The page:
Manufacturing in huge numbers is only the first obstacle that will be followed by regulatory procedures after the vaccines are dispatched to India. After the vaccines will arrive in India, it will again be tested. No final agreements regarding the same have been made yet.

The Serum Institute of India is in Phase-3 trials of Oxford’s vaccine named Covishield and it should be available by the end of the year for the masses.

The institute is in an international partnership with Bill and Melinda Gates Foundation who plan to deliver to many low and middle-income countries all over the world, including India. This is the only vaccine in India in Phase 3 trials right now along with 2 indigenous vaccines in the race. 

Read More: How Reliable Is This Russian & American COVID-19 Vaccine Race Aimed At August Release?

Human trials to take place again in India:

Just like the Oxford vaccine, the Russian vaccine will need to go through 2-3 months of human trials in India for safety reasons.

No application regarding the same has been approved till now. This is a major reason as to why it will take time to be made available to the general public of India.

Might not suit the entire population:

The vaccine needs to go through trials on the general public and right now only administered patients were given the vaccine, which is why it is being questioned a lot. The late phase human trials are important because vaccines bring out different reactions in different population groups.

Any other vaccine these days are given to children only, but the coronavirus vaccine will need to be administered on different population groups of all ages. Hurrying the late phase human trials could intensify the situation.

Will the vaccine be expensive?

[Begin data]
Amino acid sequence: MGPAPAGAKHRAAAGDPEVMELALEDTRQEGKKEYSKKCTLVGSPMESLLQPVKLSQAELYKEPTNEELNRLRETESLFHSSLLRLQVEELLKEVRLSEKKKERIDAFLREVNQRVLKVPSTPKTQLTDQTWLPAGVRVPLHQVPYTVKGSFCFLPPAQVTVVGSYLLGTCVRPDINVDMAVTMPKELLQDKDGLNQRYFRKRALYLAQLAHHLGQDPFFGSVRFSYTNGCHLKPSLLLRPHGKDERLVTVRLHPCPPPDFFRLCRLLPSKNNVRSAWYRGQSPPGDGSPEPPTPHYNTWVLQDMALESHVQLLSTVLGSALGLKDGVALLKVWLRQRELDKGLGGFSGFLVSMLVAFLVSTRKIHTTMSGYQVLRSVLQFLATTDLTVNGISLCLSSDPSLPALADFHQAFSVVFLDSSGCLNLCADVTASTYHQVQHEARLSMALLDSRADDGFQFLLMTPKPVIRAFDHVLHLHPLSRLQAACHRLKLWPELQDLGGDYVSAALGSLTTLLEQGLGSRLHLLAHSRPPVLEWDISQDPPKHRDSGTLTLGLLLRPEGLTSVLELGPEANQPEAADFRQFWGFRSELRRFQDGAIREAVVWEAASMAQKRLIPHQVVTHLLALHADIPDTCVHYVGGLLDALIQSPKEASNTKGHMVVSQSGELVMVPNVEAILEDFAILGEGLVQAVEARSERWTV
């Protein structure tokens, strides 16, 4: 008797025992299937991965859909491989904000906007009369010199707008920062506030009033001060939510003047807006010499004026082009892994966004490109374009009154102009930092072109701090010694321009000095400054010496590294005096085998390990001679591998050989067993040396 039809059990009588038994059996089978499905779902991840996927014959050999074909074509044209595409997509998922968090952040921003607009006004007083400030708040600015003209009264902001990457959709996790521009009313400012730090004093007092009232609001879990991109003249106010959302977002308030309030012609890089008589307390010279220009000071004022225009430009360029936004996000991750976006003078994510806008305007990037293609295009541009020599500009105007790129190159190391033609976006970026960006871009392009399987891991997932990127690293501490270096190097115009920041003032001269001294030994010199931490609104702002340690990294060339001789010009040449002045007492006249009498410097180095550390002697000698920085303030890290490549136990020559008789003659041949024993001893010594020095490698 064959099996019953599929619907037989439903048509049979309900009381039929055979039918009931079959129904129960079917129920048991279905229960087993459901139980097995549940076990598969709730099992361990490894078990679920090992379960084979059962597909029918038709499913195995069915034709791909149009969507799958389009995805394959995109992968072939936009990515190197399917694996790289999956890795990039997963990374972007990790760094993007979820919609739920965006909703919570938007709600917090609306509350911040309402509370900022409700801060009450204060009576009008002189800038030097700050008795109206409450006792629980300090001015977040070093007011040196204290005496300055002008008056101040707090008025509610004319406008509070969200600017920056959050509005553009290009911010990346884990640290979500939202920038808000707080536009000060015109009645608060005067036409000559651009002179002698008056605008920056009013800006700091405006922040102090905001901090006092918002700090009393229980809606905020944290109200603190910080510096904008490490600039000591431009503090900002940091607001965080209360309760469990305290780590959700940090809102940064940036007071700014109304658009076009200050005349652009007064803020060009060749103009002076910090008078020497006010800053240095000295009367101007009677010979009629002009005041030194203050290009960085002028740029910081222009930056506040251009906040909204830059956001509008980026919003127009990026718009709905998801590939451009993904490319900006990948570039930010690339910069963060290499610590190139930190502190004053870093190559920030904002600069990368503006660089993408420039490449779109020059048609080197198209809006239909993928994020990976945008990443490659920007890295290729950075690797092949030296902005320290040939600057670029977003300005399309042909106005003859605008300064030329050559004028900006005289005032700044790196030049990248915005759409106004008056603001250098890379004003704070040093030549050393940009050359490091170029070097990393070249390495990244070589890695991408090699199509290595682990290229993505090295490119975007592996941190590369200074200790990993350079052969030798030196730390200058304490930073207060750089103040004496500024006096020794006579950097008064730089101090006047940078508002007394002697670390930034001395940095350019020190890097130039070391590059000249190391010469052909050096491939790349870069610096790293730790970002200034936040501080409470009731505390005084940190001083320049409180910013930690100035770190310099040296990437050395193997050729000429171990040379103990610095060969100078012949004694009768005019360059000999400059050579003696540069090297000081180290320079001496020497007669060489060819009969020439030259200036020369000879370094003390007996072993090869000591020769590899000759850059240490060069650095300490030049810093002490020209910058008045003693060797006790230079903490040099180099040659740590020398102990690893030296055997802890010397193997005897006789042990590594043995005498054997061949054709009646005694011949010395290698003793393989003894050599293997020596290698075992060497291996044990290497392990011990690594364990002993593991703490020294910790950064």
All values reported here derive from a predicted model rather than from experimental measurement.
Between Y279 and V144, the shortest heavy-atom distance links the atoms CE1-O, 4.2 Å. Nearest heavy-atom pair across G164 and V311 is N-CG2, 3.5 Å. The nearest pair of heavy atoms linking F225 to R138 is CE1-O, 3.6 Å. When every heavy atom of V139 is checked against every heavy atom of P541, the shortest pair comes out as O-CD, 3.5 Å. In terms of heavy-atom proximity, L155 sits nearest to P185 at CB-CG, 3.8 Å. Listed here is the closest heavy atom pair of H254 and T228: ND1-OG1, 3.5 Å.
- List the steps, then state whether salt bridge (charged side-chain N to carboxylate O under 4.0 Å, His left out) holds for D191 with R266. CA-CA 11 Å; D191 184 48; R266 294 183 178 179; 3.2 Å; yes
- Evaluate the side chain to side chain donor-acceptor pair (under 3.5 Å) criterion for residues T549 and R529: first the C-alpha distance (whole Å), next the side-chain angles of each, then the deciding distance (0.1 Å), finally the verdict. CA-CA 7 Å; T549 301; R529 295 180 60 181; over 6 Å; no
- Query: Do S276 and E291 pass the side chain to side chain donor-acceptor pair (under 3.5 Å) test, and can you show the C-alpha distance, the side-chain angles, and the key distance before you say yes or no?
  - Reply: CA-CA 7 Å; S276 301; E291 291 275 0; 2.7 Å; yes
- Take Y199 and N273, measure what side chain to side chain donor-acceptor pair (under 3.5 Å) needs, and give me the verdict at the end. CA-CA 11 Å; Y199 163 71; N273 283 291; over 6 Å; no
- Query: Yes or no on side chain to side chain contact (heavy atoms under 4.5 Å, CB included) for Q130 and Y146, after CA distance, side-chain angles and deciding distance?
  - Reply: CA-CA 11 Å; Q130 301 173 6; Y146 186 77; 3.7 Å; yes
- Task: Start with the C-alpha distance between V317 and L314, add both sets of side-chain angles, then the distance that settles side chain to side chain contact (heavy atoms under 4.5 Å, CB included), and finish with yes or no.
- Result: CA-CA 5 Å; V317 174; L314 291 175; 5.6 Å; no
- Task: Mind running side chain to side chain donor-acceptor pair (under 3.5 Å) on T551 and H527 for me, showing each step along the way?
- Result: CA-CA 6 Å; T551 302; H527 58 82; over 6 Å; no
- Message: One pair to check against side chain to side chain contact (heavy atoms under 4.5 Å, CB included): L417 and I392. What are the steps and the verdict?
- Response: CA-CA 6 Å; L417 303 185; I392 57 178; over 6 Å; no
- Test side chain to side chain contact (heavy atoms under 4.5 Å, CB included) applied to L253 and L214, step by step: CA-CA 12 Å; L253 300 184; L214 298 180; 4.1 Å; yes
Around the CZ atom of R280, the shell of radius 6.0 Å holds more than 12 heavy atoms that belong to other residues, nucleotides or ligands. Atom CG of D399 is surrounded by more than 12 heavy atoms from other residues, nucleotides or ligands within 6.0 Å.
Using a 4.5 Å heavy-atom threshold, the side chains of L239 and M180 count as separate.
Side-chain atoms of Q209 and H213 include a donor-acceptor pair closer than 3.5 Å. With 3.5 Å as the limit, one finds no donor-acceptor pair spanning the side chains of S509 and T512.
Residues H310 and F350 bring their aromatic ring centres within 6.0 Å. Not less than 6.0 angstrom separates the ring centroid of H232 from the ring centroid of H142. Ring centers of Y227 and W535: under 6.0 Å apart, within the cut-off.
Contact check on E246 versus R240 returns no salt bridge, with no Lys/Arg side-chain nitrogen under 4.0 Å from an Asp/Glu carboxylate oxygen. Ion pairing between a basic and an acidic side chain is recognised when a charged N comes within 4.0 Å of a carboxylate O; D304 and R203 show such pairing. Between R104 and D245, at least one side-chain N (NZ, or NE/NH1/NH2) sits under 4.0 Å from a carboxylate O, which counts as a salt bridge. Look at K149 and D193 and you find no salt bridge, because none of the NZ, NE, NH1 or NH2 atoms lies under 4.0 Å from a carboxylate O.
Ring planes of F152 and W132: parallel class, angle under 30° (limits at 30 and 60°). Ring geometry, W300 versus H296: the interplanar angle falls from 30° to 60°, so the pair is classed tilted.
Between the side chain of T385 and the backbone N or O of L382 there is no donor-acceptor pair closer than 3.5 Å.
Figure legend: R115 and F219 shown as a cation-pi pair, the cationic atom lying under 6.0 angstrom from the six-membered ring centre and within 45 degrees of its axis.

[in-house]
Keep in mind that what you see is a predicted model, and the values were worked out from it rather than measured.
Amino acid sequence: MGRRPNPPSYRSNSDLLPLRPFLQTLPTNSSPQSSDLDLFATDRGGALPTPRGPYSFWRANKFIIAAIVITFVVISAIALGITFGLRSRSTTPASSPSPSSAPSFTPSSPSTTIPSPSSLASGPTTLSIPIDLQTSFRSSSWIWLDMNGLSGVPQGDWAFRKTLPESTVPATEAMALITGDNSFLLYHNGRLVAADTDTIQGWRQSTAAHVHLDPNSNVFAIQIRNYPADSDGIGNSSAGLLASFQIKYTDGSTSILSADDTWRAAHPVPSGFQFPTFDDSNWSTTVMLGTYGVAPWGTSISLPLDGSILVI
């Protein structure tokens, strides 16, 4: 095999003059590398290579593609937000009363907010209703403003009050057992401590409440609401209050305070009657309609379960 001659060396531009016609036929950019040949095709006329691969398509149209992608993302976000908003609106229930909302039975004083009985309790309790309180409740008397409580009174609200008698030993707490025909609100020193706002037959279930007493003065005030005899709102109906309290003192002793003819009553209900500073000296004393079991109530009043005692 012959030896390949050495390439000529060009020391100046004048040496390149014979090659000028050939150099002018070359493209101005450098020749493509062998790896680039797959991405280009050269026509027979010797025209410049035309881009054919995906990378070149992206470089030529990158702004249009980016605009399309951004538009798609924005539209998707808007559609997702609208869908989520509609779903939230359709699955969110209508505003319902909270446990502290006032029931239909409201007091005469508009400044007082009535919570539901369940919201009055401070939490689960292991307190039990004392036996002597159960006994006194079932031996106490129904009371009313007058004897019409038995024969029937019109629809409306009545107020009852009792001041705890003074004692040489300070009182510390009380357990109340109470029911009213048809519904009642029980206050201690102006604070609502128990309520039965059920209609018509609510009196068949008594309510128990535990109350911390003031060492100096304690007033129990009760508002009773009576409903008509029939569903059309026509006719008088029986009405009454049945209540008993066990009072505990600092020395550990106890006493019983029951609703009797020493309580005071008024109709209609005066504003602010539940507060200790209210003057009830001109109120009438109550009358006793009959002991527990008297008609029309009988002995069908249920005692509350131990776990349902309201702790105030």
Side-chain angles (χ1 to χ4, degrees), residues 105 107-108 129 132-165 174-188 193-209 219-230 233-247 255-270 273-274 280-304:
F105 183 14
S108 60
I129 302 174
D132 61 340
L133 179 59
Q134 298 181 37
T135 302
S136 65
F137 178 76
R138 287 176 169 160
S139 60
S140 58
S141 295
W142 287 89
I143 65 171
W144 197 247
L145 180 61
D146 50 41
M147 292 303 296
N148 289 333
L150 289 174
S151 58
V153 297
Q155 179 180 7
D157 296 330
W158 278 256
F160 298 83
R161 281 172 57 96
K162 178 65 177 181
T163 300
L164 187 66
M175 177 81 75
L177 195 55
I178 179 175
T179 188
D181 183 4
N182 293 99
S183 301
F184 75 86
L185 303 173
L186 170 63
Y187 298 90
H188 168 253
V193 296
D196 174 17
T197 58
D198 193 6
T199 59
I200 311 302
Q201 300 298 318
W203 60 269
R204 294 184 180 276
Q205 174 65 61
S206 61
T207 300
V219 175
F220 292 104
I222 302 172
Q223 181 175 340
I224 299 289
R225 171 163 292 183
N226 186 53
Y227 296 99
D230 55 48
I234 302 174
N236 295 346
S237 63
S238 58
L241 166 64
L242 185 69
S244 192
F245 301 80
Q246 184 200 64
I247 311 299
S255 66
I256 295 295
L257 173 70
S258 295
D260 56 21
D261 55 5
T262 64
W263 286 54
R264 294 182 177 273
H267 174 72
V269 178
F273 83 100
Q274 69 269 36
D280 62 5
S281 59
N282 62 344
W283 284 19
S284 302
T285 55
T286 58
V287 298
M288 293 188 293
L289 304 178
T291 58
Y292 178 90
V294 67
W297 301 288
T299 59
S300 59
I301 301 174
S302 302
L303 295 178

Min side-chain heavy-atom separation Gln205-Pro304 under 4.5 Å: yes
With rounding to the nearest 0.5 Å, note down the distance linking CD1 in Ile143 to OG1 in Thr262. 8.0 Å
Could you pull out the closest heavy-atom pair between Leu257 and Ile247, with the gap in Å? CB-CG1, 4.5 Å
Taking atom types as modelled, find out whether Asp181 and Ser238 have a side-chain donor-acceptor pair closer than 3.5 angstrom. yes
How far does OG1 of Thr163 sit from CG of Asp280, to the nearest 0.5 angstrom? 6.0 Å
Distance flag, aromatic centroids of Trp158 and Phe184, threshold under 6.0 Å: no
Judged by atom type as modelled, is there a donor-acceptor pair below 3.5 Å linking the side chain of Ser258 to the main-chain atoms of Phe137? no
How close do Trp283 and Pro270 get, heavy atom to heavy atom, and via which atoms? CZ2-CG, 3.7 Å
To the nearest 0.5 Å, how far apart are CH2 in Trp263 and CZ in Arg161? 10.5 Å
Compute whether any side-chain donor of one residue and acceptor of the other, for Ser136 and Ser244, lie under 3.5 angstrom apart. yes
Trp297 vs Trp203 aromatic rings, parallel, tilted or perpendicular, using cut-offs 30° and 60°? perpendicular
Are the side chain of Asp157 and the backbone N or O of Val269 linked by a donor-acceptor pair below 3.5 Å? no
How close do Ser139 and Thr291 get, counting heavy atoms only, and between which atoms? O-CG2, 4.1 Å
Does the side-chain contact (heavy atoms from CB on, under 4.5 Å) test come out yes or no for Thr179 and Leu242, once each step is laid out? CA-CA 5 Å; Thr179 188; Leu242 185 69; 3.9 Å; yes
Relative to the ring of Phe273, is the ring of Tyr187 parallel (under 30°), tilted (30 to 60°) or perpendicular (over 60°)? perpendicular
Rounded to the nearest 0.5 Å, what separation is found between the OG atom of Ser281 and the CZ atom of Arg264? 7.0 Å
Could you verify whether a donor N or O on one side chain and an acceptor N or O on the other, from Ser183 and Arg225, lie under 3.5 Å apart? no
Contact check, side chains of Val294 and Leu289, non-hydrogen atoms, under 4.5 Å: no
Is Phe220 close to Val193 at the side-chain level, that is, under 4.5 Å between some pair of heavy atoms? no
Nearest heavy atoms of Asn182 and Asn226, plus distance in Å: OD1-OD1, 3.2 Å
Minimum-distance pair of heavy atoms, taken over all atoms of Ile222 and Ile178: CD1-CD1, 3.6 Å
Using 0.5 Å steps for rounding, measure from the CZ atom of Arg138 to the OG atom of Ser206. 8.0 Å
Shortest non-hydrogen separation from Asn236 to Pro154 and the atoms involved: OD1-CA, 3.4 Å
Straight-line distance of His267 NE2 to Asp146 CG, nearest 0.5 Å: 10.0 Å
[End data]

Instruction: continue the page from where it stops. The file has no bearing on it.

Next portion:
A press company of Russia, TASS, reported that the government will incur all costs for the production of the vaccine and will make it free of cost. However, no details regarding the price of the vaccine outside of Russia were given. 

On August 4, it was reported that over 20 countries are in talks with Russia for Sputnik V and 5 are actively working with them to produce the vaccine according to the head of the Russian Direct Investment Fund (RDIF). India is among the 20 countries collaborating with Russia for the production of the vaccine.

What are the reactions and safety concerns cited around the world?

Many medical experts were sceptical of the vaccine’s reliability and the possibility of the antibodies present in the vaccine intensifying the disease.

Even a WHO spokesperson, Christian Lindmeier, said it can be exciting to claim to have found something but having a vaccine that works well through all the stages requires great precision and time. 

The quick approach is questionable since it takes months before human trials are completed. The Gamaleya Institute has not divulged any information regarding the safety data of the vaccine’s trials so there is no way to confirm and verify the reliability of the vaccine through other individual scientists.

The United Kingdom even denied using the vaccine in such early phases of trials. Seeing the scepticism around the vaccine, it might not be available outside of Russia soon. 

Due to the induced antibodies of SARS-CoV- 2, scientists are questioning the effectiveness of the rushed vaccine for the general public. 

It can be said that the vaccine’s availability in India might take time considering the scepticism raised. However, the news gives reassurance to millions of people worried around the world about vaccines that will be available to them soon.

Image Credits: Google Images

Sources: BBC, CNN, Times of India, Indian Express

Find Blogger at: @divijajainn